filePath.substring(1, filePath.lastIndexOf(".")),
    author,
    lineNo
};
developerTypes.add(developerInfo);

Likewise your code would be cleaner if you didn't declare developerInfoR until you used it:

for(int i = 0; i< developerTypes.size(); ++i){
    String[] developerInfoR = developerTypes.get(i);
    for(int j = 0; j< developerInfoR.length; ++j){
        System.out.print(developerInfoR[j] + " ");
    }
    System.out.print("\n");
}

Or even better, use the enhanced for loop:

for (String[] developerInfoR : developerTypes) {
    for (String info : developerInfoR) {
        System.out.print(info + " ");
    }
    System.out.print("\n");
}

In general, you should declare local variables with the smallest scope you can get away with, as late as possible, ideally assigning a value at the point of declaration. Declaring all the variables at the top of the method really hurts readability.

share|improve this answer
1  
It also makes it really easy to identify C programmers. –  Charles Jun 27 '12 at 20:16
    
@Charles Not any C programmers, mind you, but K&R-style C programmers :) –  Marko Topolnik Jun 27 '12 at 20:18

You have only one instance of the developerInfo array that you keep adding over and over in the loop. You need to make a new array in each loop step.

You seem to have some misunderstanding of the semantics of the contsructs you are using. I'm deducing that from the way you are initializing developerInfoR up front, but never using that value. An array variable only contains a reference to the array, so every time you assign to it, the array referenced before gets forgotten and thrown away. So, don't initialize developerInfo up front. In fact, you don't even need to declare it until the place you are using it.

There is also a simpler way to print an array's contents: just call System.out.println(Arrays.toString(developerInfoR)). That way you don't even need the inner loop in the printing code.

You don't need any of the variables groupId, groupType, filePath, author, lineNo. Just write for example developerInfo[0] = parentElement.getAttributeValue("groupid"); and similar. That makes for more obvious code. But it will probably make sense to use a full object instead of a String[]. There are many fields and the meaning of each gets behind the integer index.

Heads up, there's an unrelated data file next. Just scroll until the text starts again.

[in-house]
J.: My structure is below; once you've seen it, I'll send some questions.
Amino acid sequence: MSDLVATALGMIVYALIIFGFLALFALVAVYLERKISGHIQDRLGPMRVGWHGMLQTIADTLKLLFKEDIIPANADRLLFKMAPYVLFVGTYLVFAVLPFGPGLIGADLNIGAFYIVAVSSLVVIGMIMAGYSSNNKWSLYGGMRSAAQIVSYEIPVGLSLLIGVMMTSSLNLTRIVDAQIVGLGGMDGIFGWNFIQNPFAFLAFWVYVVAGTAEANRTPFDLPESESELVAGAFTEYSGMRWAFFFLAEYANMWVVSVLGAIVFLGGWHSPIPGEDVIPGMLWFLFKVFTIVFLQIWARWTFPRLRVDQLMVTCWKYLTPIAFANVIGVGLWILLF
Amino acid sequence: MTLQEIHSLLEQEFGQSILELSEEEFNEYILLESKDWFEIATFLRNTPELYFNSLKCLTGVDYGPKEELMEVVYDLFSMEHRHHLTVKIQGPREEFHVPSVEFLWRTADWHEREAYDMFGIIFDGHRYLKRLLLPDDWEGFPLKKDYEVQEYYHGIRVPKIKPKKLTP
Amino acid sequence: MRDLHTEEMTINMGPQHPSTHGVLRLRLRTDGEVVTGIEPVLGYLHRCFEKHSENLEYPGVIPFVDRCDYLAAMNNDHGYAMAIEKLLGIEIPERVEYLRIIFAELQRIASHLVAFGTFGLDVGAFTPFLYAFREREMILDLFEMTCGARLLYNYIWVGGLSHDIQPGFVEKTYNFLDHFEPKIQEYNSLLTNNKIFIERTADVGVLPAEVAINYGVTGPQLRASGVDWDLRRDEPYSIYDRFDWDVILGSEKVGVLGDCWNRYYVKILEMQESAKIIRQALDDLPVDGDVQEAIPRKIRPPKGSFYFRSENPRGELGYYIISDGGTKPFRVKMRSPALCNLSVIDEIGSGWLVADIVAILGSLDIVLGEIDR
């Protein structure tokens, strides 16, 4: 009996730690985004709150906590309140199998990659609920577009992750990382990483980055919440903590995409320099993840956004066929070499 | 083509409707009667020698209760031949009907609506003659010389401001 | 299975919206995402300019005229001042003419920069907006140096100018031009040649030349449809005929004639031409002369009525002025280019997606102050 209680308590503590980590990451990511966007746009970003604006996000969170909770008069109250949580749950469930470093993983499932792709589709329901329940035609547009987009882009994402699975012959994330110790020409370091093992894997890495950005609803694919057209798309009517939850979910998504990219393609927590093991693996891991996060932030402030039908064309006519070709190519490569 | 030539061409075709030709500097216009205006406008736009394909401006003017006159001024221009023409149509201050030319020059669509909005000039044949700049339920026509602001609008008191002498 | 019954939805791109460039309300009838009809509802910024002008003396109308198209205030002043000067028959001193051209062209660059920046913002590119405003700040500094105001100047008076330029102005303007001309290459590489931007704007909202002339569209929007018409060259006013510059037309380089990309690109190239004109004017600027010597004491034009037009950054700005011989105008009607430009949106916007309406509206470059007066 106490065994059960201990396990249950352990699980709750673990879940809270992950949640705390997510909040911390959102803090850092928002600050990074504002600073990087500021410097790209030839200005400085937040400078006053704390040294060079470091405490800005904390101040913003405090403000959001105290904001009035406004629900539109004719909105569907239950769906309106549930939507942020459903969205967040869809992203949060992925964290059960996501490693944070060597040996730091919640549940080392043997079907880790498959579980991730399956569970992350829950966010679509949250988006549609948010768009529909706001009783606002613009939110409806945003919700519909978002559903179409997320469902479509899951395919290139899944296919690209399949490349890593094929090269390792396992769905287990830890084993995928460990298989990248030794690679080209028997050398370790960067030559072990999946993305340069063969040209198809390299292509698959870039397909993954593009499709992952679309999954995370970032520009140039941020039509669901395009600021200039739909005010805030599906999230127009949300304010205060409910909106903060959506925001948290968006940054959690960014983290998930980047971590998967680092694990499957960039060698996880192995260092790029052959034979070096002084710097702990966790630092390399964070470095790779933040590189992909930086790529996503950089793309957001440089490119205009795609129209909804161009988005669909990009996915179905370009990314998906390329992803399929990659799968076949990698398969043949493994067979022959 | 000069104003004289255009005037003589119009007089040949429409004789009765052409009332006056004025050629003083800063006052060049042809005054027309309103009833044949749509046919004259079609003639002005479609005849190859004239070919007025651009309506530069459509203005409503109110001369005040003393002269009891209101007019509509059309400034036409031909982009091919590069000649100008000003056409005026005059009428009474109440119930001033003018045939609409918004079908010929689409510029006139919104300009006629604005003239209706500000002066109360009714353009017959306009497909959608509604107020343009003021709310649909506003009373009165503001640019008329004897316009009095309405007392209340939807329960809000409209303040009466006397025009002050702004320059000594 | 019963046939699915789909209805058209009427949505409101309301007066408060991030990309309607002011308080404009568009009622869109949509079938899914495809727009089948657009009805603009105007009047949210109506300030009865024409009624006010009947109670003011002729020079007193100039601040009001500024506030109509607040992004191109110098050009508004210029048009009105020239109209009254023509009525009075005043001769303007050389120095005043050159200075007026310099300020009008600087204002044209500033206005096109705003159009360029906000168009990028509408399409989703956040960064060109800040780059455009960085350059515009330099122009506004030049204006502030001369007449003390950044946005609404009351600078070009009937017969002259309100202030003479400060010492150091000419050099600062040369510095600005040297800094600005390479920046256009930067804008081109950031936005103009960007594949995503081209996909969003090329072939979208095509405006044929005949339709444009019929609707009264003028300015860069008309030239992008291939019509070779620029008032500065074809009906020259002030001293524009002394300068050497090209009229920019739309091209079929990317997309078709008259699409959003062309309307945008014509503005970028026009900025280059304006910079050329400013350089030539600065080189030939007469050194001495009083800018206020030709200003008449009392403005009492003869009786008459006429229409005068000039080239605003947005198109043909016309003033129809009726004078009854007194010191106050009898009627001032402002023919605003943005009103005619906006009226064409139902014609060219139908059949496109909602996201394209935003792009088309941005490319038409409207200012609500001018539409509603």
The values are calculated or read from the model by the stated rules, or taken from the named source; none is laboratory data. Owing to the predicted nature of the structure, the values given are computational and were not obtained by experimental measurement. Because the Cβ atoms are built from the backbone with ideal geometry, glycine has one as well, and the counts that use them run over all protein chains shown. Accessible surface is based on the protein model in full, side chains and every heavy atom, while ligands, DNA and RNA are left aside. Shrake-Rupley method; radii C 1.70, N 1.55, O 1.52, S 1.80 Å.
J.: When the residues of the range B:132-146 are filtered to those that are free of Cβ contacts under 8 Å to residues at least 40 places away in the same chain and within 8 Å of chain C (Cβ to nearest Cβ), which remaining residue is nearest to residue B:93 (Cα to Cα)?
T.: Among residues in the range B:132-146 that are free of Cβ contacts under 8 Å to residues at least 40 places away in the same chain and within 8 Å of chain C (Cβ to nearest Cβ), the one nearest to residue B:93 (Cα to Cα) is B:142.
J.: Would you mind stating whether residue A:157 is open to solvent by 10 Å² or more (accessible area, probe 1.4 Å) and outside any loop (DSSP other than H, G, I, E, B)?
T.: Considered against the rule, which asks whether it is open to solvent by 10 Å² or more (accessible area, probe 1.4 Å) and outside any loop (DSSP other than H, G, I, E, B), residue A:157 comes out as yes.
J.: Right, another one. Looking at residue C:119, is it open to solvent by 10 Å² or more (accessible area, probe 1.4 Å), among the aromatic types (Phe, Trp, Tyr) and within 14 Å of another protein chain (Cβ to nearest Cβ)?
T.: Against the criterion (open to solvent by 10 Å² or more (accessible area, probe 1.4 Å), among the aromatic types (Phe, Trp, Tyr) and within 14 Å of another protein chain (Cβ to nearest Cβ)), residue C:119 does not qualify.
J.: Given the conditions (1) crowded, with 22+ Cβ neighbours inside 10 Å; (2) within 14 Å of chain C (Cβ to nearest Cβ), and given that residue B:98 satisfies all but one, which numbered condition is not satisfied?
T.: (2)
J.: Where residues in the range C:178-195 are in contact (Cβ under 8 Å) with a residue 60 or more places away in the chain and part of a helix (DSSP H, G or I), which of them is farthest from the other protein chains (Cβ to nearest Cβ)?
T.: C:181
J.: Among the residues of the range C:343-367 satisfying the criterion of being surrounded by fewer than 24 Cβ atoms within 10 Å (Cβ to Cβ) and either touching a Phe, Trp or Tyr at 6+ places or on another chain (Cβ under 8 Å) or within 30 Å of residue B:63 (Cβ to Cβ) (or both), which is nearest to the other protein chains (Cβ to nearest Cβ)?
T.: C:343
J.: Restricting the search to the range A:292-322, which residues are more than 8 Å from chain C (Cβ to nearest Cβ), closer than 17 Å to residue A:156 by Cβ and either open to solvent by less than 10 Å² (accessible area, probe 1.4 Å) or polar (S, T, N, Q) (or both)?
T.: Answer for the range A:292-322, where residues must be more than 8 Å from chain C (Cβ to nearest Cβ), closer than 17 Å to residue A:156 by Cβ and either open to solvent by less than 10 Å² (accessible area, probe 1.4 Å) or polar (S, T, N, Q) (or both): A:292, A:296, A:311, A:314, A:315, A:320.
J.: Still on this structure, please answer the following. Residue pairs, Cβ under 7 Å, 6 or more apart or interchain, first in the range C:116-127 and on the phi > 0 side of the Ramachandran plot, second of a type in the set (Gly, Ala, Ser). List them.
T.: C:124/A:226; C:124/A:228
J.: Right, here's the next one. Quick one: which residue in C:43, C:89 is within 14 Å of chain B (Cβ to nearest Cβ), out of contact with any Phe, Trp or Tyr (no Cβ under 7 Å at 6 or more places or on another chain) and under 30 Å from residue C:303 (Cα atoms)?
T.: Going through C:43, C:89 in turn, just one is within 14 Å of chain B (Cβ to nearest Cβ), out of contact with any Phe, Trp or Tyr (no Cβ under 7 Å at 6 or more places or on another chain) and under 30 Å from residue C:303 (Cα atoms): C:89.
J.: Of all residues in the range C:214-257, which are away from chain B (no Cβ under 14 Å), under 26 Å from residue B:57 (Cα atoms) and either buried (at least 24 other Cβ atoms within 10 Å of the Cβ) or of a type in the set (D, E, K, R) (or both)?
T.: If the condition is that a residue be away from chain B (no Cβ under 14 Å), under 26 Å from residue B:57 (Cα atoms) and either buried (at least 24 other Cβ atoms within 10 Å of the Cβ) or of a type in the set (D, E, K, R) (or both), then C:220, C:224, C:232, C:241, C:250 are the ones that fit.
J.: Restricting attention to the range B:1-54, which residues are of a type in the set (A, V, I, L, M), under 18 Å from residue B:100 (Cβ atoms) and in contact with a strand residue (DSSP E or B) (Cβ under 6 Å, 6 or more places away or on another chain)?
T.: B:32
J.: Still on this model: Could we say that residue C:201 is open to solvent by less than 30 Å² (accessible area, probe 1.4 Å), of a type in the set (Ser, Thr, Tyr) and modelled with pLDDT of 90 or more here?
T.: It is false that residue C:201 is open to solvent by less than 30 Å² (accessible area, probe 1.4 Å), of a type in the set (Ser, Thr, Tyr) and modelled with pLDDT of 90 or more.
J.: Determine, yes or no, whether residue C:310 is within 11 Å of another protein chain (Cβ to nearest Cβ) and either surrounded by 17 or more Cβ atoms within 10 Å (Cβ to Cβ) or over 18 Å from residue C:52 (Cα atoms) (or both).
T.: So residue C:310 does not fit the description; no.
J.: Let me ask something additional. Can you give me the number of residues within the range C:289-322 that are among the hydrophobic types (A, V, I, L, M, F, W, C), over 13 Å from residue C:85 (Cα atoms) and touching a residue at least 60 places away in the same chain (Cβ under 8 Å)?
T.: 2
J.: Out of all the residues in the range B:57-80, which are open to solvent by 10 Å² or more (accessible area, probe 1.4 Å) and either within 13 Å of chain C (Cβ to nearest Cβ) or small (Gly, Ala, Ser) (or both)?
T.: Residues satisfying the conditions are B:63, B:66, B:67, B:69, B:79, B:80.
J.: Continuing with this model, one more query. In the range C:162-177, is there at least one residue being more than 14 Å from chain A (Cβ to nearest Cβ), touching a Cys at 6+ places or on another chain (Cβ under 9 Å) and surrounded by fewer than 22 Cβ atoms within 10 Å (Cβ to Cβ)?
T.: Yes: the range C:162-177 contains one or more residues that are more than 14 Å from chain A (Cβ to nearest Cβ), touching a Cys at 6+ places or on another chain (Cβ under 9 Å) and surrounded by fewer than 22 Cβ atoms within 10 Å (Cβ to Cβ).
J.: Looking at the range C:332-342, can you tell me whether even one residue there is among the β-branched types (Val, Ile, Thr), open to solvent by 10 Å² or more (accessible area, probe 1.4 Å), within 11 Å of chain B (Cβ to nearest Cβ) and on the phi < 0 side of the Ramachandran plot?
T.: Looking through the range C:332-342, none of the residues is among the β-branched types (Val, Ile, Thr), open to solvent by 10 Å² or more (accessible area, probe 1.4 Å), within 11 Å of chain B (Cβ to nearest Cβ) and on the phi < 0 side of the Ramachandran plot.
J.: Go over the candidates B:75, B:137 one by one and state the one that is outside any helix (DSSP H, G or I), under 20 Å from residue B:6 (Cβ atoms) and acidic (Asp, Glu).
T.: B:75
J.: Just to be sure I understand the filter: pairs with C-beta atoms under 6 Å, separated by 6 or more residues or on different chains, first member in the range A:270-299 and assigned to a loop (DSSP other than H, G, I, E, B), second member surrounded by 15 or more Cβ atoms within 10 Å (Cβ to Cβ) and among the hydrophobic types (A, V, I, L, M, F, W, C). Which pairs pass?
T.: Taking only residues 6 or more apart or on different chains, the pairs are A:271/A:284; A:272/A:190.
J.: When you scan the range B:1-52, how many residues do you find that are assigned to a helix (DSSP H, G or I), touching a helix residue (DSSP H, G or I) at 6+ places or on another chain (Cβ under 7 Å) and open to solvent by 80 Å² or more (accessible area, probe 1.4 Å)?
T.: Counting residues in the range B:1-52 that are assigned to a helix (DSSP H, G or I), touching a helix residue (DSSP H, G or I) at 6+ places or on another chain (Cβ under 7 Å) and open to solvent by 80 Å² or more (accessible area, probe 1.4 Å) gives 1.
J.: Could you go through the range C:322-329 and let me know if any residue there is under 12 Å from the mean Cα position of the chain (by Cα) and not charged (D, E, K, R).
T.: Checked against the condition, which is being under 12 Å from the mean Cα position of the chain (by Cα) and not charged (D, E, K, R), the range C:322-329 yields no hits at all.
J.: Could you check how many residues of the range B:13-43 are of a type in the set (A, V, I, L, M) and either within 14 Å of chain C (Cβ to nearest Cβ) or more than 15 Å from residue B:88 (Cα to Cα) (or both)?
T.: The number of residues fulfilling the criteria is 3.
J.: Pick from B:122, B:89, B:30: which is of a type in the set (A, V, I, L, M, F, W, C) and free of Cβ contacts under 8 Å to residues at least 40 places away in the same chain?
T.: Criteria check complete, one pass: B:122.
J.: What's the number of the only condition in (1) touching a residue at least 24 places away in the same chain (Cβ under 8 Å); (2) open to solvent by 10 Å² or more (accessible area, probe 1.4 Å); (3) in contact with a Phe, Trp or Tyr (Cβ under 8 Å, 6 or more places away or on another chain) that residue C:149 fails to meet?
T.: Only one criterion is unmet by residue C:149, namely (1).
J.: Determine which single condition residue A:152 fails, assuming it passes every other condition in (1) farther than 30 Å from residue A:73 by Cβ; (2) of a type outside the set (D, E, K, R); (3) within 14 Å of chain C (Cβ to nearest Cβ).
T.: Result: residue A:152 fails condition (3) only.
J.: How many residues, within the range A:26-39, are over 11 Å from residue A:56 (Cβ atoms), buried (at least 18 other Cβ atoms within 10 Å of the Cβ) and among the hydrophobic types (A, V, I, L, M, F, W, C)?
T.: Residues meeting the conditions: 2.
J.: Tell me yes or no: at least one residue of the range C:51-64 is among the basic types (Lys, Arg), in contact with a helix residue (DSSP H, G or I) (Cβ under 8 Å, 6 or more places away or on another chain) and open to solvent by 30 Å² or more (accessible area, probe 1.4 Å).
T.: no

All in all, taking these suggestions plus a few additional ones, your code can be rewritten to this:

final String path = filePath.substring(1, filePath.lastIndexOf("."));
final Document doc = (Document) new SAXBuilder().build("A.xml");
final List<DeveloperInfo> developers = new ArrayList<String[]>();
for (Element parentElement : doc.getRootElement().getChildren())
  for (Element element : parentElement.getChildren())
    for (Element childElement : element.getChildren())
      developers.add(new DeveloperInfo(
          parentElement.getAttributeValue("groupid"),
          parentElement.getAttributeValue("type"),
          element.getAttributeValue("file"),
          path,
          childElement.getAttributeValue("author"),
          childElement.getAttributeValue("lineNo"),
      ));
for (DeveloperInfo d : developerTypes) System.out.println(d);

The DeveloperInfo class:

class DeveloperInfo {
  public final String groupId, groupType, filePath, author, lineNo;
  public DeveloperInfo(
      String groupId, String groupType, String filePath, 
      String author, String lineNo)
  {
    this.groupId = groupId; this.groupType = groupType; this.filePath = filePath;
    this.author = author; this.lineNo = lineNo;
  }
  public String toString() {
    return "DeveloperInfo [groupId=" + groupId + ", groupType=" + groupType + 
      ", filePath=" + filePath + ", author=" + author + ", lineNo=" + lineNo + "]";
  }
share|improve this answer

You are referencing the same array every time you add it to the ArrayList.

Instead of declaring this String[] developerInfo = {null, null, null, null, null};

at the beginning. Create a new array everytime you loop.

String[] developerInfo = new String[5];